Electrophoretic Methods for Study of Hemoglobins

  • Henri Wajcman
Part of the Methods in Molecular Biology™ book series (MIMM, volume 82)


Electrophoresis, a technique consisting of the migration of electrically charged molecules under an applied electric field, occupies one of the most important places in the history of the study of hemoglobin (Hb). HbS, the first abnormal Hb described, was discovered in 1949 by Pauling et al. (1), using moving boundary electrophoresis. Later, Hb variants were detected by zone electrophoresis on paper, starch gel, or cellulose acetate (2,3). With the exception of cellulose acetate electrophoresis, which is still used in some laboratories, these procedures have been replaced by isoelectric focusing (IEF) (4). In IEF, a pH gradient is established by carrier ampholytes subjected to an electric current. The Hb molecule migrates across this gradient until it reaches the position where its net charge is zero (isoelectric point [pI]). It then concentrates into a sharp band.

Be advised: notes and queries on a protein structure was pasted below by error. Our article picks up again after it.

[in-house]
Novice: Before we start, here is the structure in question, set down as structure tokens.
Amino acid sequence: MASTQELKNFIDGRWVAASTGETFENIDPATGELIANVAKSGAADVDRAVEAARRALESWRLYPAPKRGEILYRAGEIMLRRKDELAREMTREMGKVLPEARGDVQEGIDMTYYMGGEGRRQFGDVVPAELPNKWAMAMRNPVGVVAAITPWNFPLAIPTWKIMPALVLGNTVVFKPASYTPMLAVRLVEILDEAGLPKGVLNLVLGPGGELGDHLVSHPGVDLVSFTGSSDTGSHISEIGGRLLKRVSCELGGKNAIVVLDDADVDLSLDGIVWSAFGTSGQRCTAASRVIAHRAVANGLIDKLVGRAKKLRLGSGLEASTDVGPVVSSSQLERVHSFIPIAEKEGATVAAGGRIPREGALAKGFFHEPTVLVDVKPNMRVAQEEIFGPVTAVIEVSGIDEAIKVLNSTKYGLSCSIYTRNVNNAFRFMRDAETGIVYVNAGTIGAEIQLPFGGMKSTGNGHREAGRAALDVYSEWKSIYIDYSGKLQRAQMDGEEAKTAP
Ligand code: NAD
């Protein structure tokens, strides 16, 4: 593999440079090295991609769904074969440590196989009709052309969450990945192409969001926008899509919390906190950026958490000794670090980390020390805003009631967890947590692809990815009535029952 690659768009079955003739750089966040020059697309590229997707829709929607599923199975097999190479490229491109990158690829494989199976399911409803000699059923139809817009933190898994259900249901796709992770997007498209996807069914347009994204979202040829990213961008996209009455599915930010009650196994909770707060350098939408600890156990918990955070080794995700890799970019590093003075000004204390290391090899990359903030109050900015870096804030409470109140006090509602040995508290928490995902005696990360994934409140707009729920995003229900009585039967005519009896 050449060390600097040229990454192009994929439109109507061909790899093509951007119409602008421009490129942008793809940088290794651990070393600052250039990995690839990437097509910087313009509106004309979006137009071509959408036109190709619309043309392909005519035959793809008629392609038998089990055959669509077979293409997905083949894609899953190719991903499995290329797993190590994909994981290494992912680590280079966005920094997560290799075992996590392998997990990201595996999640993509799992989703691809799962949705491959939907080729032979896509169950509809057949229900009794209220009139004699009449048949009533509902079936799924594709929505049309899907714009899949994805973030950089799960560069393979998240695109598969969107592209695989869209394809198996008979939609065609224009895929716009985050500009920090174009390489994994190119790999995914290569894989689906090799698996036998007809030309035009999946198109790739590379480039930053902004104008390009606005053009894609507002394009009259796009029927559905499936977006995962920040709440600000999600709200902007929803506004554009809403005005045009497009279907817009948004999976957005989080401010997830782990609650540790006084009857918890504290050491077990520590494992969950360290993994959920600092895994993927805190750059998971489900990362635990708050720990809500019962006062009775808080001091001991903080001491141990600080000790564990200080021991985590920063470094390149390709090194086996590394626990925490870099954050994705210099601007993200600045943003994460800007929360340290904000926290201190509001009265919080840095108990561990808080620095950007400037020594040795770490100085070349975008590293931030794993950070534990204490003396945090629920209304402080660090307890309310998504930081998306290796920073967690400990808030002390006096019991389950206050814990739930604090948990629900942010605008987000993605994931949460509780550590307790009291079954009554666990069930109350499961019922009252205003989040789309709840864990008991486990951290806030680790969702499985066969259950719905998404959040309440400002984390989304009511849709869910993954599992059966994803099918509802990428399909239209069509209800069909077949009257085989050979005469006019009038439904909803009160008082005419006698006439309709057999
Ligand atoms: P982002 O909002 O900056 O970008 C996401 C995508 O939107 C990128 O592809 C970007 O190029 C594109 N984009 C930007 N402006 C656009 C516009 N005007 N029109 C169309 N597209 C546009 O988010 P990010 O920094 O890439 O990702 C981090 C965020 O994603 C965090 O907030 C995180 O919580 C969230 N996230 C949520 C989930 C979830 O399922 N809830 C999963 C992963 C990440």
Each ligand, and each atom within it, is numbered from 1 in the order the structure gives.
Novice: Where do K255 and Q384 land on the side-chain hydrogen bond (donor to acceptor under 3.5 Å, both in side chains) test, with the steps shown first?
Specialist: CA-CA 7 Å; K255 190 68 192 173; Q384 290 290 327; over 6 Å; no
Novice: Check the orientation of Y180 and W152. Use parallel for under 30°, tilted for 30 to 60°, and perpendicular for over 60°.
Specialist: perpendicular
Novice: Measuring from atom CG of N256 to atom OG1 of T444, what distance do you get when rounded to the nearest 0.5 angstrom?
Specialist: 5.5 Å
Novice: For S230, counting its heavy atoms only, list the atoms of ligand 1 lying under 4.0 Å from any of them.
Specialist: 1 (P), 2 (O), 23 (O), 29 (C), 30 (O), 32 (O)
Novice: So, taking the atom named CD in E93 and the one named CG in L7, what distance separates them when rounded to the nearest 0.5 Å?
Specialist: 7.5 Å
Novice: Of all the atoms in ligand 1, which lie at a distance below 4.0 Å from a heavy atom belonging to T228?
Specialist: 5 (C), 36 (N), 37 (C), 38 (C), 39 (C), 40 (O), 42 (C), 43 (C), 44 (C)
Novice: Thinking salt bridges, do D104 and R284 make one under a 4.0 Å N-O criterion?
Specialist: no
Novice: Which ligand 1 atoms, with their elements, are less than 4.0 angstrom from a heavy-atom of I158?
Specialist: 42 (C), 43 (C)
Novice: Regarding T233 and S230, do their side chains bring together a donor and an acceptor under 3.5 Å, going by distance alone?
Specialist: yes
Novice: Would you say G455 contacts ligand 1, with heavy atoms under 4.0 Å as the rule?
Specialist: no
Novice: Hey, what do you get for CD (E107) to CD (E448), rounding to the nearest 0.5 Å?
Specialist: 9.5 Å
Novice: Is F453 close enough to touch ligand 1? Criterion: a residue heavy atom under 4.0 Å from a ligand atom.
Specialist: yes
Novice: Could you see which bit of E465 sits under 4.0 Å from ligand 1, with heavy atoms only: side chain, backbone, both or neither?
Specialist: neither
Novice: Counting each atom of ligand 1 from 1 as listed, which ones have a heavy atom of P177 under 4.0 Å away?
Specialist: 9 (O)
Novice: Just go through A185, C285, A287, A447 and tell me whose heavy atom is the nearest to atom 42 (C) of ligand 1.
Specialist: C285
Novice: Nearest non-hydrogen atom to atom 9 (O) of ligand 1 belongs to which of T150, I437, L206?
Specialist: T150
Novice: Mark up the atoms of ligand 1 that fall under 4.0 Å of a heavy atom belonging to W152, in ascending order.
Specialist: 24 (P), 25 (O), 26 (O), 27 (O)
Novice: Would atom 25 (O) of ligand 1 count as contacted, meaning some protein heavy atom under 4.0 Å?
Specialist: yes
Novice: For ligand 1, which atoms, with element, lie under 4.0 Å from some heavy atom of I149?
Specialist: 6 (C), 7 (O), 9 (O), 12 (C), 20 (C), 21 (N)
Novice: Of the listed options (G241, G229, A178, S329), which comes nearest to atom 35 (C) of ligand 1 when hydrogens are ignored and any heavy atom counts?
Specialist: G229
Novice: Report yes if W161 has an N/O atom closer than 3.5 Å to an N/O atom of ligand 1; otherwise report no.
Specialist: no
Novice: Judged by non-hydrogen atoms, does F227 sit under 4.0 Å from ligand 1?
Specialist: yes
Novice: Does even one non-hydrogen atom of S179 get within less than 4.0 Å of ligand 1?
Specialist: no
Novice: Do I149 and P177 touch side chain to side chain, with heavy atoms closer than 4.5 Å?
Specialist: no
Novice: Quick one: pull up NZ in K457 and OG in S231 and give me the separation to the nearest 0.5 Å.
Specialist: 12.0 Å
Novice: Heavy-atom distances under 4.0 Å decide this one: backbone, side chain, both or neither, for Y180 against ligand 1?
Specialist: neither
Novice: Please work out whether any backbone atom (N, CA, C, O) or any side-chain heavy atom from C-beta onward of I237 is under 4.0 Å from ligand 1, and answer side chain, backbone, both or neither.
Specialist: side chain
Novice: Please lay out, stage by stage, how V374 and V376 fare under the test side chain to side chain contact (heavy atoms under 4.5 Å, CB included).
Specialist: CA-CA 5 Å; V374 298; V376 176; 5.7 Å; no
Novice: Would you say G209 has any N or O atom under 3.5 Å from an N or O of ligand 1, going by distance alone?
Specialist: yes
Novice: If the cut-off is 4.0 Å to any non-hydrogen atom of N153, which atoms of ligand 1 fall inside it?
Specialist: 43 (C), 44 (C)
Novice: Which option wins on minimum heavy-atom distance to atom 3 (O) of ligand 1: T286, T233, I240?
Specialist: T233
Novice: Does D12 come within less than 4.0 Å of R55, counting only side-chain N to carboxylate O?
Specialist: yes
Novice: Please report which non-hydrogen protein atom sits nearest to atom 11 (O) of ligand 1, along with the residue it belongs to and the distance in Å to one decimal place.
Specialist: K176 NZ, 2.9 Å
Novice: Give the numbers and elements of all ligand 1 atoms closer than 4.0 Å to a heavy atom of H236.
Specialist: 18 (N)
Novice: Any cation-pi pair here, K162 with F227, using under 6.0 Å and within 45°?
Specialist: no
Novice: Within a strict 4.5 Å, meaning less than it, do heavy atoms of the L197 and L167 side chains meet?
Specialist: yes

Cellulose Acetate Amino Acid Exchange Electrophoretic Method Globin Chain Carrier Ampholyte 
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Copyright information

© Humana Press Inc. 2003

Authors and Affiliations

  • Henri Wajcman
    • 1
  1. 1.INSERM U468Hôpital Henri MondorCreteilFrance

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